Oh, Sara, I'm so sad that you are having to go through this! My baby did the "dumping" thing too (withOUT an ileostomy--just eosinophilic esophagitis and gut) and it was SO terrifying to have a baby who couldn't even deal with breastmilk--BREASTMILK! The magic elixir that cures all! I just remember being so outraged, because I wanted to badly to just be able to lift up my shirt and put my little baby to my breast at the first squawks of hunger, as I had with the one before, but alas, no. Predigested formula, in my experience, is BS. There's partially hydrolyzed (broken into peptide chains rather than full protein molecules--Nutramigen, Allimentum, etc.), extensively hydrolyzed (or "predigested" into much SMALLER peptide chains--Pregestimil, for instance), and elemental (lab synthesized into individual amino acids, like Neocate) formula, and we went through four months of trying this and that, and SLOOOOWLY working our way up to the Neocate. If you don't see a dramatic improvement soon, I'd say why not ask them to trial A. on Neocate? In our case, it took a nine-pound four-month old up a pound IN A SINGLE WEIGHT, and while our baby still suffers from short stature and multiple heritable genetic syndromes, there is no shortage of pudge. It was like night and day! I offer you this assvice only because it sounds to me like in some ways A. is following the course my baby did, and the Neocate is what really turned the tide. Until that we weren't really sure the baby would live. And now the baby is in the other room harassing both older siblings half to death...just a thought.

Eliza said...

Oops--typos galore. What I meant to say was that the baby gained a pound the first WEEK. It was like the poor kid had been starving, no matter HOW much we dumped down the NG tube, until we tried the Neocate. And yes, it is HIDEOUSLY expensive, and your insurance probably won't cover it unless A. starts having it delivered through an NG or G-tube (don't ask me why, but ins. companies consider it food if the baby DRINKS it, but medicine if you "inject" it into the baby's body via some sort of durable medical equipment). I don't really know what to tell you about that except what you already know--that you'll do whatever it takes to get A. through this, and if it comes to that please let me know and I will give you some links to forums where parents of children with GI issues swap and sell sealed equipment and specialized formula. My little one is now on Neocate 1+ (for children older than one and younger than...um...well three at the least since that birthday is four months away), which wouldn't work for a tiny infant, and it's a damned shame because I have built up a considerable surplus of the stuff. I know I'm not the only one, though, and you have the whole Internet pulling for you. If that will help A. get better, his Internet aunties will figure something out!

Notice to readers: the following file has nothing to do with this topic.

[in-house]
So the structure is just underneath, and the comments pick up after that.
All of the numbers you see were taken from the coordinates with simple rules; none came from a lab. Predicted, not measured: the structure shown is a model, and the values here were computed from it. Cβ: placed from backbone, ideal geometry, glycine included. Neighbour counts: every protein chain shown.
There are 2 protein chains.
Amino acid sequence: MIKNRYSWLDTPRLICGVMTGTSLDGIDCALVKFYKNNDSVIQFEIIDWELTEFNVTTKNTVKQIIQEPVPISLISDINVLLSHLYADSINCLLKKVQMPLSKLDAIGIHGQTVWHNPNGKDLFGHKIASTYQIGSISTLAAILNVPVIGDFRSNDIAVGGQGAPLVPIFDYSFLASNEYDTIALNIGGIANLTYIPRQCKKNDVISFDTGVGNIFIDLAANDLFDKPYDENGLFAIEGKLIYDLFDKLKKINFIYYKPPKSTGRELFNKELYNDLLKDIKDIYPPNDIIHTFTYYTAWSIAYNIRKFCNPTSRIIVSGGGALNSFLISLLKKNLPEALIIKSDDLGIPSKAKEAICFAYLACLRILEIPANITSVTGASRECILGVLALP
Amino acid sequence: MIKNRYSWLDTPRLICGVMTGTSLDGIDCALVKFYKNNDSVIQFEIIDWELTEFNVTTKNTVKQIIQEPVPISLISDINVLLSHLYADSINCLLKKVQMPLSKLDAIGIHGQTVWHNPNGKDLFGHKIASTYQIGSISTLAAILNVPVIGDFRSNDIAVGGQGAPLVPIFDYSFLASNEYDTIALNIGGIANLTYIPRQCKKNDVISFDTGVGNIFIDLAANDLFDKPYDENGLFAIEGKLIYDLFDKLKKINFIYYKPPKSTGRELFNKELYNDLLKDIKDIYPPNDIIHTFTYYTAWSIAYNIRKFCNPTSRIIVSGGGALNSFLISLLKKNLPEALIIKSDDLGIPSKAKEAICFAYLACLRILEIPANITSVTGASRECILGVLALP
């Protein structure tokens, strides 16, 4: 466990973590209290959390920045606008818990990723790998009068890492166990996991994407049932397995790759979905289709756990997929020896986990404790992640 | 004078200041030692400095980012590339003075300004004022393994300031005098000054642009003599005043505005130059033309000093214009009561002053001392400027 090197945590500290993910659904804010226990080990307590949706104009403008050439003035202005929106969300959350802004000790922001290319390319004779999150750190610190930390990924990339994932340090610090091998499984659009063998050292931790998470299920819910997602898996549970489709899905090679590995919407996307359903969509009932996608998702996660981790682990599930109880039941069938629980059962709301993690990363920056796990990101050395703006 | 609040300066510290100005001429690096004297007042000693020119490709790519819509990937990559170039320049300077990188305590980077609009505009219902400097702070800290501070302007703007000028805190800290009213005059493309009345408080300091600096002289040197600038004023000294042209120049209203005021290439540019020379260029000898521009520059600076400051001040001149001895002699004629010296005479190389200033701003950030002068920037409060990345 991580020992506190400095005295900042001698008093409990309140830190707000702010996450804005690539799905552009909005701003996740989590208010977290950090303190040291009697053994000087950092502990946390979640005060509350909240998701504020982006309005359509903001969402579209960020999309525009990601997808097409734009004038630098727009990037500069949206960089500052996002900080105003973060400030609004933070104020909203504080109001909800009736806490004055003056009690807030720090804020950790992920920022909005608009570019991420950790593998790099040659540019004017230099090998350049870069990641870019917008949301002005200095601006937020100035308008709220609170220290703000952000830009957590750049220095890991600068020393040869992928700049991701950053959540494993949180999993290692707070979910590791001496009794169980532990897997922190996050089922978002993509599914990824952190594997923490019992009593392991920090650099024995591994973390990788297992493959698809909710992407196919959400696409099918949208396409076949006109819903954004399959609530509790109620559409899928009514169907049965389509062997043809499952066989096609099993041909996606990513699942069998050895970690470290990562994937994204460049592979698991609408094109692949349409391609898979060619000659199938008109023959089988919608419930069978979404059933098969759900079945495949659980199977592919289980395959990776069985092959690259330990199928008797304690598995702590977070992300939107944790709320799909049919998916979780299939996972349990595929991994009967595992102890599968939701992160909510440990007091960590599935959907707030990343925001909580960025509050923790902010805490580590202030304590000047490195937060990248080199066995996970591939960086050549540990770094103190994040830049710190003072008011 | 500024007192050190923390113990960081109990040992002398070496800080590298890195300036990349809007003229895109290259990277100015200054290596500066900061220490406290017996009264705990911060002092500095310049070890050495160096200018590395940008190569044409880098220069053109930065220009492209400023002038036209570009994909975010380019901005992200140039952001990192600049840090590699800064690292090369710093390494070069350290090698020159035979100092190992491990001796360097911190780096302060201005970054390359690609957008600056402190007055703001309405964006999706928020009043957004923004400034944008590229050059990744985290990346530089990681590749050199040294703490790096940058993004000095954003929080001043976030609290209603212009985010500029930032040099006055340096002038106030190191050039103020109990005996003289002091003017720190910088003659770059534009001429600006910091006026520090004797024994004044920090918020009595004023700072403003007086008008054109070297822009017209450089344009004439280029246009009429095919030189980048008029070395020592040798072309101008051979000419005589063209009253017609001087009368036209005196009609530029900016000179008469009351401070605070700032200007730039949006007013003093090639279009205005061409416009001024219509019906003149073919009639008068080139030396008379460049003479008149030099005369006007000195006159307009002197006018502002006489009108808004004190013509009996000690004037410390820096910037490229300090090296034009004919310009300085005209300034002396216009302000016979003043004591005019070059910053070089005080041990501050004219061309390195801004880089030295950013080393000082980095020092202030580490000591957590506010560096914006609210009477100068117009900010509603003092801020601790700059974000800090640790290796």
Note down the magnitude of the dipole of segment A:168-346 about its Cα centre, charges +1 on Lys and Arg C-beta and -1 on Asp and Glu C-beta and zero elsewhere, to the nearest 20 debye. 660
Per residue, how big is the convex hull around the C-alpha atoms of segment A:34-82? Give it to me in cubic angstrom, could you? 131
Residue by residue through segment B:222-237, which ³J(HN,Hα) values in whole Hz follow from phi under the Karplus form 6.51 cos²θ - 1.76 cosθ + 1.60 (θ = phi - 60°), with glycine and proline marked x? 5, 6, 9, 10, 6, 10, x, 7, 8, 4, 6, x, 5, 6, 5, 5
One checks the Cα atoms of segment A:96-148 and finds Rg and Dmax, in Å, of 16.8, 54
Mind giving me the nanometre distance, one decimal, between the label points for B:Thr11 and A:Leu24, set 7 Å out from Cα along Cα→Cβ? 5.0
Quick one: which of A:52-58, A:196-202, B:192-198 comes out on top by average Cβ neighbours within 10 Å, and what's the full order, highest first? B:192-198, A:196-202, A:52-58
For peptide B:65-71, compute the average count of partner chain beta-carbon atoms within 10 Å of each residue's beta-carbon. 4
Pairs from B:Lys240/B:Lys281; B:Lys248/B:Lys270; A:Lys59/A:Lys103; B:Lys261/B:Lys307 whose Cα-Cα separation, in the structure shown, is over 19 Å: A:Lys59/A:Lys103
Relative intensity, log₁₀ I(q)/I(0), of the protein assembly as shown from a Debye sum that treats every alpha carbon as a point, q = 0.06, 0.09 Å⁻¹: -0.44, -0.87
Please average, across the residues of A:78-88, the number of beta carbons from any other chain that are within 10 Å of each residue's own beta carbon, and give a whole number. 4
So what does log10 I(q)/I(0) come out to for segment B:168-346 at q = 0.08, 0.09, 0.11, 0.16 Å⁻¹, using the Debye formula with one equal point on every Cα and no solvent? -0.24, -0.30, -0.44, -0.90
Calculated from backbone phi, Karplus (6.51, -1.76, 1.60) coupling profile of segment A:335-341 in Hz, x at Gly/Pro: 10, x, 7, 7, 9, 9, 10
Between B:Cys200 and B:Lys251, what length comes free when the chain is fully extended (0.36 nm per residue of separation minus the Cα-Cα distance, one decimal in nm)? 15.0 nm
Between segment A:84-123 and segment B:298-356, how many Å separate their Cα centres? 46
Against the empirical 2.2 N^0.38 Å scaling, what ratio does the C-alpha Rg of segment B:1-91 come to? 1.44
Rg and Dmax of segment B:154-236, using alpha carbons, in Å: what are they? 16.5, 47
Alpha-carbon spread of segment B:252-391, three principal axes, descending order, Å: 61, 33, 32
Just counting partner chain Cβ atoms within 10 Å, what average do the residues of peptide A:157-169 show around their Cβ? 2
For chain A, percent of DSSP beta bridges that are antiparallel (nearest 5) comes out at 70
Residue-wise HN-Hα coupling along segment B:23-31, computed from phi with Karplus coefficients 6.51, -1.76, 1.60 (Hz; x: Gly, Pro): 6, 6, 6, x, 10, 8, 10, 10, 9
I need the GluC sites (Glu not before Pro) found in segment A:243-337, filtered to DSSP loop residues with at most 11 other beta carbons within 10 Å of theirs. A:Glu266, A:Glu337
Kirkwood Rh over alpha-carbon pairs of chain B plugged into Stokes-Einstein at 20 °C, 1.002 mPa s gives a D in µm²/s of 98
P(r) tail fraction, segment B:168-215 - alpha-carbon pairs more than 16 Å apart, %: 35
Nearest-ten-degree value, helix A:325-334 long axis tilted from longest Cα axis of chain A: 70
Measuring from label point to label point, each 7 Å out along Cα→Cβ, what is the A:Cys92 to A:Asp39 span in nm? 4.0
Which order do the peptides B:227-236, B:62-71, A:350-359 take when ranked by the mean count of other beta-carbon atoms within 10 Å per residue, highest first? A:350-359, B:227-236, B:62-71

Poltzie said...

This is happening to you because you CAN do this. Most parents would not be strong enough. You and E have such a strong connection that you can handle anything as long as you do it together (and I know this just from reading your blog, I can only imagine how apparent your bond is IRL).
I'm glad you have support, I am thinking about you!

Holly said...

I am so sorry you and poor A. are still going through this.